On May 9, California became the first state to mandate solar panels for new homes.
The provision, which won’t go into effect until 2020, is part of a bid by the state to cut energy use in new homes by more than 50%. But what are the long-term effects of the move? And will other states follow?
The Benefits Of The Mandate
According to a report by the California Energy Commission, the new building standards will raise the cost of a new home by up to $9,500. However, it will save $19,000 in energy and maintenance costs over 30 years.
Other than the long-term cost savings to homeowners, the state is hoping to see another benefit from the new building standards: better air quality.
In 2018, the American Lung Association reported that ozone pollution has worsened compared to the previous year. And California is home to 19 of the top 25 most ozone-polluted counties in the U.S.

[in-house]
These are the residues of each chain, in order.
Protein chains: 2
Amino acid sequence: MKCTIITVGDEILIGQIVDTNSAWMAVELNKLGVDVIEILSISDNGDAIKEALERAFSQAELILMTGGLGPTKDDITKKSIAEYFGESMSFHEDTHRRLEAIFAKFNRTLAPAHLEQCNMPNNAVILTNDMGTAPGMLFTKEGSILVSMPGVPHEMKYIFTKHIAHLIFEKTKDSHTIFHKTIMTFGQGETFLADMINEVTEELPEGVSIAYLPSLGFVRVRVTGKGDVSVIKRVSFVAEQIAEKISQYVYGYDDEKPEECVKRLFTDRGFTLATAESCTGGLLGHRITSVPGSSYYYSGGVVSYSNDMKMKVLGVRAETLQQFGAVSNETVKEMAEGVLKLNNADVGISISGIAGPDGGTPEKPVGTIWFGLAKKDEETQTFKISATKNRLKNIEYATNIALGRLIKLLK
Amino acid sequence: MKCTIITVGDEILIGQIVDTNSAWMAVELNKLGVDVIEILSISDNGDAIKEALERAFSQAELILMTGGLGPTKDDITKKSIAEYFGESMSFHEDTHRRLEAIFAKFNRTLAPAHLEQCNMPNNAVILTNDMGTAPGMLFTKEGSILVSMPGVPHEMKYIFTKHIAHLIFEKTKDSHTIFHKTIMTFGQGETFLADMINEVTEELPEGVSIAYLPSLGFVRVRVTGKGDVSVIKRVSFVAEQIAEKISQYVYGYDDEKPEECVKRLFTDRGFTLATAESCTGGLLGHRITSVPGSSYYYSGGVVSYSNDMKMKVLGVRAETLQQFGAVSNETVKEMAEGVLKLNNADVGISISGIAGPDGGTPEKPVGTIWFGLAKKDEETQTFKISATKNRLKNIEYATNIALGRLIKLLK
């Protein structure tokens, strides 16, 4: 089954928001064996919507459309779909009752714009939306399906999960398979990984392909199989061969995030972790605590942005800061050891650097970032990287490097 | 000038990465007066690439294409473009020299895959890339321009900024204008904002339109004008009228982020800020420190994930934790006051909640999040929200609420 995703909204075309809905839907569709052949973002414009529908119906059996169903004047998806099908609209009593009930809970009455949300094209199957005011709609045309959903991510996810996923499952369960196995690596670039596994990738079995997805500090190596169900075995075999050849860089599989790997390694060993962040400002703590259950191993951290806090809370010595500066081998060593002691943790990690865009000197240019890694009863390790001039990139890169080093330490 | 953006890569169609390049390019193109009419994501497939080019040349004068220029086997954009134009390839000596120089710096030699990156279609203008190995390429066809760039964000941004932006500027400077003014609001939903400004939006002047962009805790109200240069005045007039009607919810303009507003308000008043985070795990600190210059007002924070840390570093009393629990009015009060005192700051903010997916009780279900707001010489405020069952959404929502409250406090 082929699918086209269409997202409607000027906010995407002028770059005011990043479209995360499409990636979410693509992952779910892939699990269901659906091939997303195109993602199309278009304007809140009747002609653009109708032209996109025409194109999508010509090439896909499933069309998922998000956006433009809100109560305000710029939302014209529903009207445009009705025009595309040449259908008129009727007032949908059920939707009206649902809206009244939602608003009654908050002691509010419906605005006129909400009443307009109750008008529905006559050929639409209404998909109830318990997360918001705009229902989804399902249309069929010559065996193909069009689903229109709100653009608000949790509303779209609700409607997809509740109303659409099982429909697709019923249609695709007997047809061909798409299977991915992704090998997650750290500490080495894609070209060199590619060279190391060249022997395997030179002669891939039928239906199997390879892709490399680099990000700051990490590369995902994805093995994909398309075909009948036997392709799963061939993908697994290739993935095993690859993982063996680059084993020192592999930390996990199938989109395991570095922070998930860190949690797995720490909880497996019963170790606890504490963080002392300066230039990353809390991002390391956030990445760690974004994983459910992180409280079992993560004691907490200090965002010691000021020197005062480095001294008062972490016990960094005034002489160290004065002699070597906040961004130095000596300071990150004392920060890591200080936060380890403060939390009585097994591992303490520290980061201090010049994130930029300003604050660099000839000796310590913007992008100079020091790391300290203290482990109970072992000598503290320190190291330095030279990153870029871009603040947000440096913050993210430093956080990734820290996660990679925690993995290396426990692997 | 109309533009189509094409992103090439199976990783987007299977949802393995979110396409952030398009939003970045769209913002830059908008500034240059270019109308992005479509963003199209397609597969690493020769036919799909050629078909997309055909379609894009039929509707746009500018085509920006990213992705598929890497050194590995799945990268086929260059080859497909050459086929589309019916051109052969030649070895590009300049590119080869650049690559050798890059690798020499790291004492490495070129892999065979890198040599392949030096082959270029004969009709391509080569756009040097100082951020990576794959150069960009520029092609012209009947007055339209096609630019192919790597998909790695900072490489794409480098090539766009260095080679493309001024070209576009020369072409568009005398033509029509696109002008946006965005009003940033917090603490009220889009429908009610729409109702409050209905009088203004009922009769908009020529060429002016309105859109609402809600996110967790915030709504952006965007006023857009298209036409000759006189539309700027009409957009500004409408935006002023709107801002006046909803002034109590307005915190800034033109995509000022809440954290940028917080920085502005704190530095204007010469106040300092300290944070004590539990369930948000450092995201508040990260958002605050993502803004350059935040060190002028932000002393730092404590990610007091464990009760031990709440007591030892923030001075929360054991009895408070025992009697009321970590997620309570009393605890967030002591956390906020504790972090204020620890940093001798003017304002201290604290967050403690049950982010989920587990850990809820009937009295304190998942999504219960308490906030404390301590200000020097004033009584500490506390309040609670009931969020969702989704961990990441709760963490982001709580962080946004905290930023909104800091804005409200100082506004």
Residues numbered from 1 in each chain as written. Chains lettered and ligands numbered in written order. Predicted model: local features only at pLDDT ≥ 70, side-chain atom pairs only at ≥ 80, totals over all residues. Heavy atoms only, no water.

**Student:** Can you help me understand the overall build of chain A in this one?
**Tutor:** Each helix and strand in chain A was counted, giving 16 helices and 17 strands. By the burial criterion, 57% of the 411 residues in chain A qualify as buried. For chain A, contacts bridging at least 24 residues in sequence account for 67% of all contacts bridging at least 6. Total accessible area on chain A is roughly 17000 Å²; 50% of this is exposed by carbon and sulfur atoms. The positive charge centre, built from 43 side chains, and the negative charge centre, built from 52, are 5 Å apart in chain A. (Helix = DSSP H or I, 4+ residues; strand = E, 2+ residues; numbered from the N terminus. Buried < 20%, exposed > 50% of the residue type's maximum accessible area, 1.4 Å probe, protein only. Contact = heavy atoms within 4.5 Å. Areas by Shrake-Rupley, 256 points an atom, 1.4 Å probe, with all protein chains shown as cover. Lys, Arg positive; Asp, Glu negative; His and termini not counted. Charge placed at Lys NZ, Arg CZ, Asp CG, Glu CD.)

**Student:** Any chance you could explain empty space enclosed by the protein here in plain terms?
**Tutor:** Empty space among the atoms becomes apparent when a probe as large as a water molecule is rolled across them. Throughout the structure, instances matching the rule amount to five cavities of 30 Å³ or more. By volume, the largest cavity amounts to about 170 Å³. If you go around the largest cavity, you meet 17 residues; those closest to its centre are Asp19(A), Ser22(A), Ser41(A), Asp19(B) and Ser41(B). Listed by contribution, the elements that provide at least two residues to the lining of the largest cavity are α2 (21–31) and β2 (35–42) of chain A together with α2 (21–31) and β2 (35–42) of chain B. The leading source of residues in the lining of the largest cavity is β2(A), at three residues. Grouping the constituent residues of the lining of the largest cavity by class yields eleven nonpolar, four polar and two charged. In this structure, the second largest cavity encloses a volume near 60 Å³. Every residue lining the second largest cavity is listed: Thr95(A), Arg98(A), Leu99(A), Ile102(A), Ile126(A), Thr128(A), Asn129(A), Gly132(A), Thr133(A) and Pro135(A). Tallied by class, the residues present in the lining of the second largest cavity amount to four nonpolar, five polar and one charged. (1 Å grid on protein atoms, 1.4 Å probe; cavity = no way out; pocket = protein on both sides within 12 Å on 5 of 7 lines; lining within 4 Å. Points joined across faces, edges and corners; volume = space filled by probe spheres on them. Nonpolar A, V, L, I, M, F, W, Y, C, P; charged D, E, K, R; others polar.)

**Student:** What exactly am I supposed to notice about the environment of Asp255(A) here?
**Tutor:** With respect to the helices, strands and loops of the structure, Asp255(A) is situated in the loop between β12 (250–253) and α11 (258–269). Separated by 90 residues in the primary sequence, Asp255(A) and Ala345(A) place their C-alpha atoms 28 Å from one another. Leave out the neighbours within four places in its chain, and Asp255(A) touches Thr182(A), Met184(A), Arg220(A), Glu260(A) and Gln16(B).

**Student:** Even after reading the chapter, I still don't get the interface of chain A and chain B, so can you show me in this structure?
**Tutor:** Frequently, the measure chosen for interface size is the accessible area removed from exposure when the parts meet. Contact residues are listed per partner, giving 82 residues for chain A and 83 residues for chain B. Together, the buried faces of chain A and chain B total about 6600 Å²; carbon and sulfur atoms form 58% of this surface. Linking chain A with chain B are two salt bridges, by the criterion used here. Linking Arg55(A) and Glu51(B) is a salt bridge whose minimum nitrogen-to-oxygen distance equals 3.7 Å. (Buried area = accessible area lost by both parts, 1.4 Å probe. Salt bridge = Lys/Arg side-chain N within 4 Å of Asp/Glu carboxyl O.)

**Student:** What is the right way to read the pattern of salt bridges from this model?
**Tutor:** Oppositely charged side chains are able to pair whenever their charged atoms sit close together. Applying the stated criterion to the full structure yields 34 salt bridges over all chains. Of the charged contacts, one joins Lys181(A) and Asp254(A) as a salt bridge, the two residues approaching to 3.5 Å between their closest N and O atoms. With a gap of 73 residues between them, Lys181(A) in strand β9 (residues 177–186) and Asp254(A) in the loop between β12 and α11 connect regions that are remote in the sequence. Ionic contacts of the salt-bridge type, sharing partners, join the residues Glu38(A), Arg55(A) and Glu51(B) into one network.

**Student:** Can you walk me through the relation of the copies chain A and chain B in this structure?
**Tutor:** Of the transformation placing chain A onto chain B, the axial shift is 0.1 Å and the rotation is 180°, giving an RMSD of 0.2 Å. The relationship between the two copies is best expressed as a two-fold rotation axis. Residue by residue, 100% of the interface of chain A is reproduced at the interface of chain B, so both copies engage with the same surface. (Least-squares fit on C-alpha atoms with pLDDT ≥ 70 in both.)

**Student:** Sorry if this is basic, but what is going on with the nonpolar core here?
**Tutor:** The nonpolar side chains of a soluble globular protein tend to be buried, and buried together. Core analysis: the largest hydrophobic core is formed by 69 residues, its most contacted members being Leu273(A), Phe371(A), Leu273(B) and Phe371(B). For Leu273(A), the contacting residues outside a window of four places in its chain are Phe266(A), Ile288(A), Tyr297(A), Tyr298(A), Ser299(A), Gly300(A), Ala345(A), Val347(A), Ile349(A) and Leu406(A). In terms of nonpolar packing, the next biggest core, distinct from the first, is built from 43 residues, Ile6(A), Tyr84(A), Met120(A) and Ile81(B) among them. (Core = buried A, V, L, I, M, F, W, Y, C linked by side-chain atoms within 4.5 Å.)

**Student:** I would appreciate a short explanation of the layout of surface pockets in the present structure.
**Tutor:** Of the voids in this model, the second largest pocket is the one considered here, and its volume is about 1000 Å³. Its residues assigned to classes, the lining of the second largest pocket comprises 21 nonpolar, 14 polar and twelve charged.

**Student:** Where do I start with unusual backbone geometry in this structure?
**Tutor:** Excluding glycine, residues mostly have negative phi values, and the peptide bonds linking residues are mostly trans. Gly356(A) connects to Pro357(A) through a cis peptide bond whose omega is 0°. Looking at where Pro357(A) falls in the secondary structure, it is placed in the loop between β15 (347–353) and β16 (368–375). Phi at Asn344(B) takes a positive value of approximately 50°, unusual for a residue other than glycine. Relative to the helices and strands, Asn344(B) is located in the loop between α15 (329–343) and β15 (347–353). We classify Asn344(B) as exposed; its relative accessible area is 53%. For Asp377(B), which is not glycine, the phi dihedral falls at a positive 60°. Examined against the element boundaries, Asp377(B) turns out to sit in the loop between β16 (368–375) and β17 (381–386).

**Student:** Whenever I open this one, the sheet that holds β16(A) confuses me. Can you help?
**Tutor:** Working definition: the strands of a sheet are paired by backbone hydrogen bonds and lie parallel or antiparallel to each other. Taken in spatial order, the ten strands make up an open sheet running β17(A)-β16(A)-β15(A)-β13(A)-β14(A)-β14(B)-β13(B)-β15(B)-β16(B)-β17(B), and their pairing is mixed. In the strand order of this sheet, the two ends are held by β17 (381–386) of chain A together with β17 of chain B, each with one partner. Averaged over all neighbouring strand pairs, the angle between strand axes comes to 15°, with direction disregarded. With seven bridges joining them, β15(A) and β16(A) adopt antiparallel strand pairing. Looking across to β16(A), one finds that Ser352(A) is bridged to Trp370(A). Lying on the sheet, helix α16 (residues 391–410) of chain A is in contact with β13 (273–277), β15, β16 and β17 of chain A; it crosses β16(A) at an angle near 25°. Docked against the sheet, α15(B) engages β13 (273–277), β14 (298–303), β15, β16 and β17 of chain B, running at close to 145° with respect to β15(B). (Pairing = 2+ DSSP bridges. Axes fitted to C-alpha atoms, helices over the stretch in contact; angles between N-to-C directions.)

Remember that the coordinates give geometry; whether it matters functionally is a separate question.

Not A One-Step Solution
But not everyone is cheering California’s new solar-panel initiative.
One case against the rooftop solar mandate is that there are cheaper ways to reduce carbon emissions. Large solar and wind farm installations, for example, generate energy at one sixth the cost of rooftop installations.
California’s housing crisis is another complicating factor.
The higher upfront cost of a rooftop-solar home will pose an additional challenge to middle- and low-income home buyers. And this is at a time when 30% to 60% of people in every metropolitan area in California already can’t afford local rents.
What is certain is that California’s rooftop solar mandate is not a one-step solution to climate change. States will still need a multi-pronged approach to curbing emissions. But if the California experiment is even modestly successful, other states are likely to follow.